Rise + Shine: Becoming A Productive Morning Person

If you want to get more things done in one day, I highly recommend that you become a morning person. Following my return from Asia this past summer, I endured the usual struggle to conquer my terrible jet-lag (Singapore is a whopping 15 hours ahead of Vancouver). However, this time around I forced myself to recover swiftly by maintaining a regular schedule. I would wake up at relatively early times (about 9 am) to meet up with friends I hadn't seen for over a month; as well, I wouldn't let myself nap during the day as that would completely ruin my sleeping routine.

The biggest motivating factor came from one of my friends who usually keeps a highly disciplined schedule of waking up early, eating a good breakfast, working out immediately after, and then doing whatever work and chores need to be done throughout the rest of the day. Since I wanted to work out with her before I had work or school, I also had to begin sleeping and waking up as early as her. It's gotten to the point where waking up at 5:20 am is normal for us (we had three 6 am workouts this week, including an  hour-long boot camp session this morning).

Here are some of my top tips for how I made the transition from a jet-lagged slob to that highly-productive morning person that you not-so-secretly-hate:


When you begin the shift from night owl to early bird, you first must identify what keeps you up so late at night. People in my age group often believe that if they stay up later, they will get more things done; however, you are more likely to get quality work done if you sleep earlier and finish up whatever you were doing early in the morning. I found that silly things such as watching Netflix and constantly checking social media on my phone were the main things keeping me from sleeping at decent hours (before midnight). As well, both of those things can keep your body awake longer as they emit artificial light that disrupts the natural release of melatonin, a hormone that makes you drowsy and starts your sleep cycle. 

After I realized what was keeping me awake for no good reason, I made sure that I stopped watching Netflix and checking my phone about 10-15 minutes before I needed to sleep. Also, I know that I usually take a long time to fall asleep so I try to give myself about half an hour before I actually fall asleep-- for instance, I'll try to go to bed at 11 pm if I want to wake up at 6:30 am. When I prepare for 6 am workouts, I finish my nightly routines before 9 pm, get in bed by 10 pm, sleep at 10:30 pm, and wake up by 5:20 am.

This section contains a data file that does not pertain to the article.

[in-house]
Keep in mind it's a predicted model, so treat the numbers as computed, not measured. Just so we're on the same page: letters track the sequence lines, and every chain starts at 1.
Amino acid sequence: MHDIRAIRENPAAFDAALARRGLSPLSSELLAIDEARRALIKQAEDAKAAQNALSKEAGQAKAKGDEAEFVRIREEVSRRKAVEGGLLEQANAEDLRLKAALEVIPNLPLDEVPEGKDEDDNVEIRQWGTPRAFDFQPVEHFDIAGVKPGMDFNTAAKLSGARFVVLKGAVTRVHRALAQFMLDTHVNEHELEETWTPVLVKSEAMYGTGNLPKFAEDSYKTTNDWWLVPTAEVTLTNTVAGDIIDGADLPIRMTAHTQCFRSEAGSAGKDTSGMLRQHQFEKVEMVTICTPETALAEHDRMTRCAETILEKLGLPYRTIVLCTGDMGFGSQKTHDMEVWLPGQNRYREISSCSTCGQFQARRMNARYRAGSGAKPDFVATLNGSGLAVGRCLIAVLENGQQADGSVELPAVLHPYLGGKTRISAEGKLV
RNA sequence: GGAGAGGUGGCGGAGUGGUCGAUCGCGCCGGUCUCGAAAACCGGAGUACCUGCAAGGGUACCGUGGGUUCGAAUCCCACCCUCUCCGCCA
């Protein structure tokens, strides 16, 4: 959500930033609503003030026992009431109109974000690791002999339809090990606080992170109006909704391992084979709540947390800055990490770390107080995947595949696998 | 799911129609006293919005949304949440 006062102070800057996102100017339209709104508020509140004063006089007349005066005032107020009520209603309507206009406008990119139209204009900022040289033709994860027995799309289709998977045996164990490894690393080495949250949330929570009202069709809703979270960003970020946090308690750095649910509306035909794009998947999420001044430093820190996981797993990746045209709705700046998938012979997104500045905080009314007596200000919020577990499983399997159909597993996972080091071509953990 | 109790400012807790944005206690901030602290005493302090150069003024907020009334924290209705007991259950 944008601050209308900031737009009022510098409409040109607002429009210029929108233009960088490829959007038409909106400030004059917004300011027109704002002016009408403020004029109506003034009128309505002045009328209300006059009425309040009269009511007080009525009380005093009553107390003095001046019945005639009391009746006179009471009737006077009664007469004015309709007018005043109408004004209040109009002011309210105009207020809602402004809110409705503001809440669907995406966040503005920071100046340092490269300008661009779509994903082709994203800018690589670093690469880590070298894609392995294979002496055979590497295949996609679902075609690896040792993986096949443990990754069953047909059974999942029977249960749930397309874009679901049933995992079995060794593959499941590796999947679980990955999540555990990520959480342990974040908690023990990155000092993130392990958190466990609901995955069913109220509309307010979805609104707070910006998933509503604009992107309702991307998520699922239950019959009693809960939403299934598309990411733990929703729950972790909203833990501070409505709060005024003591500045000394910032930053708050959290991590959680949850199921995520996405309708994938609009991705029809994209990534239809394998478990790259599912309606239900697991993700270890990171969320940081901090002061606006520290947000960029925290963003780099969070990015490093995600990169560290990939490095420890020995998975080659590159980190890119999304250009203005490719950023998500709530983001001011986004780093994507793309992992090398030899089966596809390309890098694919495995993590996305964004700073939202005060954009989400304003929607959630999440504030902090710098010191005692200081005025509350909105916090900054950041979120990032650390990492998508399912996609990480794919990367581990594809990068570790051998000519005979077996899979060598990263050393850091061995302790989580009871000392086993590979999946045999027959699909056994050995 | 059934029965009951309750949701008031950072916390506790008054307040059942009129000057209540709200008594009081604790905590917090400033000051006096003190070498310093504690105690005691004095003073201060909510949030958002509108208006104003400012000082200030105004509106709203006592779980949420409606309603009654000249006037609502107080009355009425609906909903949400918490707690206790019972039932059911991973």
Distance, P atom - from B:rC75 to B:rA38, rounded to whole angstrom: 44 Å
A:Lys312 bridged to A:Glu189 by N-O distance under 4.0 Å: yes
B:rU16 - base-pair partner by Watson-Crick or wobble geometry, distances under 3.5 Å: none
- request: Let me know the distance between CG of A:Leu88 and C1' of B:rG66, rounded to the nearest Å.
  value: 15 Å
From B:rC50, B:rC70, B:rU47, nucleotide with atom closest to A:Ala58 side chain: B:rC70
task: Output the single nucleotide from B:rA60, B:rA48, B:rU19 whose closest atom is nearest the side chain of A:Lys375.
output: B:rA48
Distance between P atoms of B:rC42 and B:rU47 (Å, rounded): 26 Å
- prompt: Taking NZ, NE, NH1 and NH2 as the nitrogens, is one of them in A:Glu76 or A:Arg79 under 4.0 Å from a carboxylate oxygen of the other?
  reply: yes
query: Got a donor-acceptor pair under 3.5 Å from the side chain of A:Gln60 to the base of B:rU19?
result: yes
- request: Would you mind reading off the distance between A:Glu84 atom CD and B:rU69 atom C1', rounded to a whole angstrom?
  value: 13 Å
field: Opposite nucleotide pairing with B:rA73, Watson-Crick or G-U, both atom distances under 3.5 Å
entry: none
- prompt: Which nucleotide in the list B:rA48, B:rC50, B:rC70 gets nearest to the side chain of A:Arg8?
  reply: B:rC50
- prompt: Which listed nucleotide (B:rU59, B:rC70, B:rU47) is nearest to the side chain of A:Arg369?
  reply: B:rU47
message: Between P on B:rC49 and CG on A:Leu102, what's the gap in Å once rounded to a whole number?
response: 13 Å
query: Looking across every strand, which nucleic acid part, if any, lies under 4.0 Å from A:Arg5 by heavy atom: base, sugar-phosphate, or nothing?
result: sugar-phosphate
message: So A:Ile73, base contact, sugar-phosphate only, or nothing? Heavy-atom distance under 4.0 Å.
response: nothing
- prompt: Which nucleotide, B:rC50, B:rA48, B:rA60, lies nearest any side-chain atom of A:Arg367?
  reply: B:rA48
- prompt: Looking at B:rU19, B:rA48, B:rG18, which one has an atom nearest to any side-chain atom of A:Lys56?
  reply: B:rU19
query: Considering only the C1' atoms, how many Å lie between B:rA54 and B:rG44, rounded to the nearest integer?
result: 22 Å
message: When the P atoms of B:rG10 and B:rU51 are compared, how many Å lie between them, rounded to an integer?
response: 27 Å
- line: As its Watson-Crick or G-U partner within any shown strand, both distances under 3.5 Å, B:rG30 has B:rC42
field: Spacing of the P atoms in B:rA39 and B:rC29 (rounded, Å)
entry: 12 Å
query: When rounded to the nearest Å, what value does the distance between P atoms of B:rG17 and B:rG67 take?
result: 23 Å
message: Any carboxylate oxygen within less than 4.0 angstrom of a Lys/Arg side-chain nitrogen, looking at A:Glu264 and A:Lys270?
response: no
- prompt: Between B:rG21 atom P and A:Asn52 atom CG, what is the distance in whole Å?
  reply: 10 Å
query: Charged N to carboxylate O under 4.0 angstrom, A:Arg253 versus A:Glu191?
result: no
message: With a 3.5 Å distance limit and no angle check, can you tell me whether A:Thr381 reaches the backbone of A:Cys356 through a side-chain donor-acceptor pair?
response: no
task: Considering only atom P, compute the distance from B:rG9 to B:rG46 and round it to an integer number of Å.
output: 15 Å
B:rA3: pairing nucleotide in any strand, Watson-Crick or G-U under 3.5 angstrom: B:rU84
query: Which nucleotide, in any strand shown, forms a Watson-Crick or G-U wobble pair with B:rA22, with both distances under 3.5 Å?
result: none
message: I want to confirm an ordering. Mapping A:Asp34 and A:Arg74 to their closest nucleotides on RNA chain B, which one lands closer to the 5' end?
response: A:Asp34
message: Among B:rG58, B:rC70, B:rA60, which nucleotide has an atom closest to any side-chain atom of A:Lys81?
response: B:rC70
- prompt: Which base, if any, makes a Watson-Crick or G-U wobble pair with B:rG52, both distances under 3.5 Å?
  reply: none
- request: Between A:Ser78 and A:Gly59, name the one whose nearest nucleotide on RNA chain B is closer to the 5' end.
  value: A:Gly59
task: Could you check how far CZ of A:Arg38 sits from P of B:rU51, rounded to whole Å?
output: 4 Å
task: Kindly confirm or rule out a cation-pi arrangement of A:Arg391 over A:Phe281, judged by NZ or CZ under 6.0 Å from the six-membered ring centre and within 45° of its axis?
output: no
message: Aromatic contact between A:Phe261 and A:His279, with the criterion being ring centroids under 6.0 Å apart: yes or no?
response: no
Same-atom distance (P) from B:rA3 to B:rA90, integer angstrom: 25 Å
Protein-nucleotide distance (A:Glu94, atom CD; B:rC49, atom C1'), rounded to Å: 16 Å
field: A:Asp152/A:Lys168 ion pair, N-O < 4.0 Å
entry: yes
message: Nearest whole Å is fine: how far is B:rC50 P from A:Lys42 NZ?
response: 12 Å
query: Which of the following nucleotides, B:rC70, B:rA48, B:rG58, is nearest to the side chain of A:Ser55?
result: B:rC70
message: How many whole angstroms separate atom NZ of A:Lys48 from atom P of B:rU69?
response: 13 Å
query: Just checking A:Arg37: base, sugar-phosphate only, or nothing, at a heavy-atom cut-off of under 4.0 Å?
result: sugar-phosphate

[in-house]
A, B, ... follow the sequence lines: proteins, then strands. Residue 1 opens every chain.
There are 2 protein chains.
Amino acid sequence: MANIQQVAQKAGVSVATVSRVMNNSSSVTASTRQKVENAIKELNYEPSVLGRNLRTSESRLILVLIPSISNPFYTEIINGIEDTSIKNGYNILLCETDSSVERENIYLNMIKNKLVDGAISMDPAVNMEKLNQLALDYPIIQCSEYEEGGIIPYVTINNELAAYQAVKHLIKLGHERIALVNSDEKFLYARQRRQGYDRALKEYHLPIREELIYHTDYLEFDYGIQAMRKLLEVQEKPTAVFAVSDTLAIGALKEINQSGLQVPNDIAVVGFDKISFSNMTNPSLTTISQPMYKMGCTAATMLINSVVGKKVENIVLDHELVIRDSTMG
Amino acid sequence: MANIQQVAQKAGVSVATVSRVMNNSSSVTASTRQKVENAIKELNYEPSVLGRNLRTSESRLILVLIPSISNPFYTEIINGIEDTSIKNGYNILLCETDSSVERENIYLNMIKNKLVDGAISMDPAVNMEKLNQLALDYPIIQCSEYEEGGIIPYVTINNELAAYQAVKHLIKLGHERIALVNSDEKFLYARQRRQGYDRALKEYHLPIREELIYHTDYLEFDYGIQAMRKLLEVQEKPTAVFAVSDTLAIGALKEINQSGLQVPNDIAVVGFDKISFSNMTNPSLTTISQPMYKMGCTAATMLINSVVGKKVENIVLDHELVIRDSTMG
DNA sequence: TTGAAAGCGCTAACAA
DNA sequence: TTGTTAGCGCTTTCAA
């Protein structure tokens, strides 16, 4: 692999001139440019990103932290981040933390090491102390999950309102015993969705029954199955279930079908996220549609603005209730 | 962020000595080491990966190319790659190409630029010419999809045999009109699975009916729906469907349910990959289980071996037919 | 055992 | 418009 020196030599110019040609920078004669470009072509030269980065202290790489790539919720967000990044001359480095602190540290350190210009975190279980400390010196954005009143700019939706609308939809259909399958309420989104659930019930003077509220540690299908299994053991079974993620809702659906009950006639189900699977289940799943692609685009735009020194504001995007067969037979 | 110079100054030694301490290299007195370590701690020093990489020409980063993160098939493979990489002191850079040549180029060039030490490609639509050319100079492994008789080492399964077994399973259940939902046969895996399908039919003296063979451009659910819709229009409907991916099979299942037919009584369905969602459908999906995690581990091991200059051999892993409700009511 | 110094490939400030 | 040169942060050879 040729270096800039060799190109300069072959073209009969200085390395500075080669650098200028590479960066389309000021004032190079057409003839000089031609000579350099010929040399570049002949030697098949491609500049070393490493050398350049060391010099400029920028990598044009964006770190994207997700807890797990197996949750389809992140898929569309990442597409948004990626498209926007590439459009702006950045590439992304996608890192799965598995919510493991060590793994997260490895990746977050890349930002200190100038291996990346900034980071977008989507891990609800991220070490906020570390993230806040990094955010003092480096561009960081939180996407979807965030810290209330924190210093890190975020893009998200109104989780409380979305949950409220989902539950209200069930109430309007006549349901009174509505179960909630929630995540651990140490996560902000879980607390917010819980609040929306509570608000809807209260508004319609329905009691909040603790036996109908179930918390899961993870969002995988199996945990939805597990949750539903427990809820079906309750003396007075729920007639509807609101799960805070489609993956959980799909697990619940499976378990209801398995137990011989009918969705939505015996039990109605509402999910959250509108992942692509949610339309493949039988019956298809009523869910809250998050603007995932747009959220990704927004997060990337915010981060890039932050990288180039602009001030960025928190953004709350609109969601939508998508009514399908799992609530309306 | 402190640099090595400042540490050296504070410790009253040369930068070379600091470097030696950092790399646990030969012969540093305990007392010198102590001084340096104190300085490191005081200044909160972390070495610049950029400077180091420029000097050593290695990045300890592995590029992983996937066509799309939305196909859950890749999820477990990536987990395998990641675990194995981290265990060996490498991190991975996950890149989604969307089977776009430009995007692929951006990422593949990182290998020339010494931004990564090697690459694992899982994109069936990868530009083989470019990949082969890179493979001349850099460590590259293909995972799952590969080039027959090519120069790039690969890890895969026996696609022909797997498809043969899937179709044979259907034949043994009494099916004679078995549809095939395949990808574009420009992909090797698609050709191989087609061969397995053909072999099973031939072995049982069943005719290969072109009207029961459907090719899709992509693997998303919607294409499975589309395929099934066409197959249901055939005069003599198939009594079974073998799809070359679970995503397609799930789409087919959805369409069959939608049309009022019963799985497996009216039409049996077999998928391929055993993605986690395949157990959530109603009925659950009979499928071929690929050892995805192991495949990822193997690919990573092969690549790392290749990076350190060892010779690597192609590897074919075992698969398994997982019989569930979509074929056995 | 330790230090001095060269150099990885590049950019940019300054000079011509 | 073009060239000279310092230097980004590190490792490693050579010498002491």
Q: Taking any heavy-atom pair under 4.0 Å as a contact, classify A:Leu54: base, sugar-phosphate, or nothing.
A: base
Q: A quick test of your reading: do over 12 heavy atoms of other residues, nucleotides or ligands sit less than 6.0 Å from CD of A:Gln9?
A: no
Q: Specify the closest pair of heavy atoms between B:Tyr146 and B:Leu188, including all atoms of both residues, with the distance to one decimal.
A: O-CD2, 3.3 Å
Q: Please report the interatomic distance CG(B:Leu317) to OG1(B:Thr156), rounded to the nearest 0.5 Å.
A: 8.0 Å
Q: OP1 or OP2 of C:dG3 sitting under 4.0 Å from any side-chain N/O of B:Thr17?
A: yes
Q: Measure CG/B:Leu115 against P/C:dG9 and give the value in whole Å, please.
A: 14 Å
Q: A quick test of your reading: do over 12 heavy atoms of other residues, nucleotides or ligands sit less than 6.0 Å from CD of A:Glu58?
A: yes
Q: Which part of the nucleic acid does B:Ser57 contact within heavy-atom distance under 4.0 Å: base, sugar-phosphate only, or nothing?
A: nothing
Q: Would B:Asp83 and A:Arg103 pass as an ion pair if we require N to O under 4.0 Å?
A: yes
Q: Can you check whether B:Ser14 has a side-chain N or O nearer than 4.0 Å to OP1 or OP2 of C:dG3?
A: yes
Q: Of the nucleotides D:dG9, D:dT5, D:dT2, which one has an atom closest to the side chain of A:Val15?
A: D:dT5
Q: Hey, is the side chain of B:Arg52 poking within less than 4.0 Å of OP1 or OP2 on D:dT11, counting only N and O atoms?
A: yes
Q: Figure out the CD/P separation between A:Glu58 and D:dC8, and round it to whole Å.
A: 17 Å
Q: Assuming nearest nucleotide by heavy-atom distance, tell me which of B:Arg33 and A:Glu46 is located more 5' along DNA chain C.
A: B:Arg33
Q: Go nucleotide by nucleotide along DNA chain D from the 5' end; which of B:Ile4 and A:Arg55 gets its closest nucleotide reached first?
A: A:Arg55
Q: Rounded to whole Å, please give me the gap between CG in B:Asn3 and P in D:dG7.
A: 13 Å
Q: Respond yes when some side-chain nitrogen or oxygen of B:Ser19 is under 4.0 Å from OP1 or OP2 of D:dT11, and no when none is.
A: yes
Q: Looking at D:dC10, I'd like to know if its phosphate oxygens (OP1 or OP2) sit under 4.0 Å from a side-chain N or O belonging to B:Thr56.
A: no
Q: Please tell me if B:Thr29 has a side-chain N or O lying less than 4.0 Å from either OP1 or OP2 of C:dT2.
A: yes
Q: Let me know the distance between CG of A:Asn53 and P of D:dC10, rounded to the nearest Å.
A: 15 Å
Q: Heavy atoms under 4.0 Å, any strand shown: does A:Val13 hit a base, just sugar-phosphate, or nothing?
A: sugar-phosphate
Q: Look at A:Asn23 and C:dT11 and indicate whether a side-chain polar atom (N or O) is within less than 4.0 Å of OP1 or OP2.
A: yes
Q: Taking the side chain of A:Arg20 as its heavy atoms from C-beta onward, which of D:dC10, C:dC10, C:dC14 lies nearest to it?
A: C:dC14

You may have heard that it's healthier to eat 4-6 small meals throughout the day than to eat just three large meals for breakfast, lunch, and dinner. You want to avoid 'food comas' as much as possible as those raise your blood levels to unhealthy levels, make you extremely lethargic (and, thus, unproductive), and slow down your metabolism.

When I began waking up earlier, I found that it was much easier to eat smaller and more frequent meals as I would wake up at 5 or 6 am and find myself feeling very hungry.Therefore, I would eat one small breakfast (usually a bowl of cereal), work out, eat another breakfast (usually a larger meal containing protein such as egg), have a small lunch, and then finally dinner. If I'm still hungry after that, I usually add in some some healthy snacks such as grape tomatoes, nuts, and fruits.

If you are trying to sleep early, try not to eat anything two hours before sleeping so that you won't be kept awake by your body's attempts to digest your meals. Also, avoid anything containing high amounts of sugar or caffeine like the plague; not long ago I was unwise enough to have milk bubble tea at about 4:30 pm and I felt so wired from it that I couldn't sleep until much later than I had intended.    


As you know, I began sleeping earlier for the exclusive purpose of being able to work out more. Previously, I would find myself too physically and mentally tired to work out before or after a work shift or school-- as a result, I would only work out three times a week while in the past I used to work out four to five times. As I have discovered, it's all about convenience and timing-- if I sleep early enough and plan out my daily schedule well enough, I usually can fit in a workout somewhere in there! I currently am working out five to six times a week; I vary my workouts with weight-lifting sessions (focusing on arms, legs, back, and core), spin classes, boot camp classes, and 20-30 minute runs. 

As an outcome of a good day's workout, I find myself falling asleep much easier and faster. Unless I've slept less than 7 hours the night before, I will also avoid taking naps so that that my sleeping schedule won't be disrupted.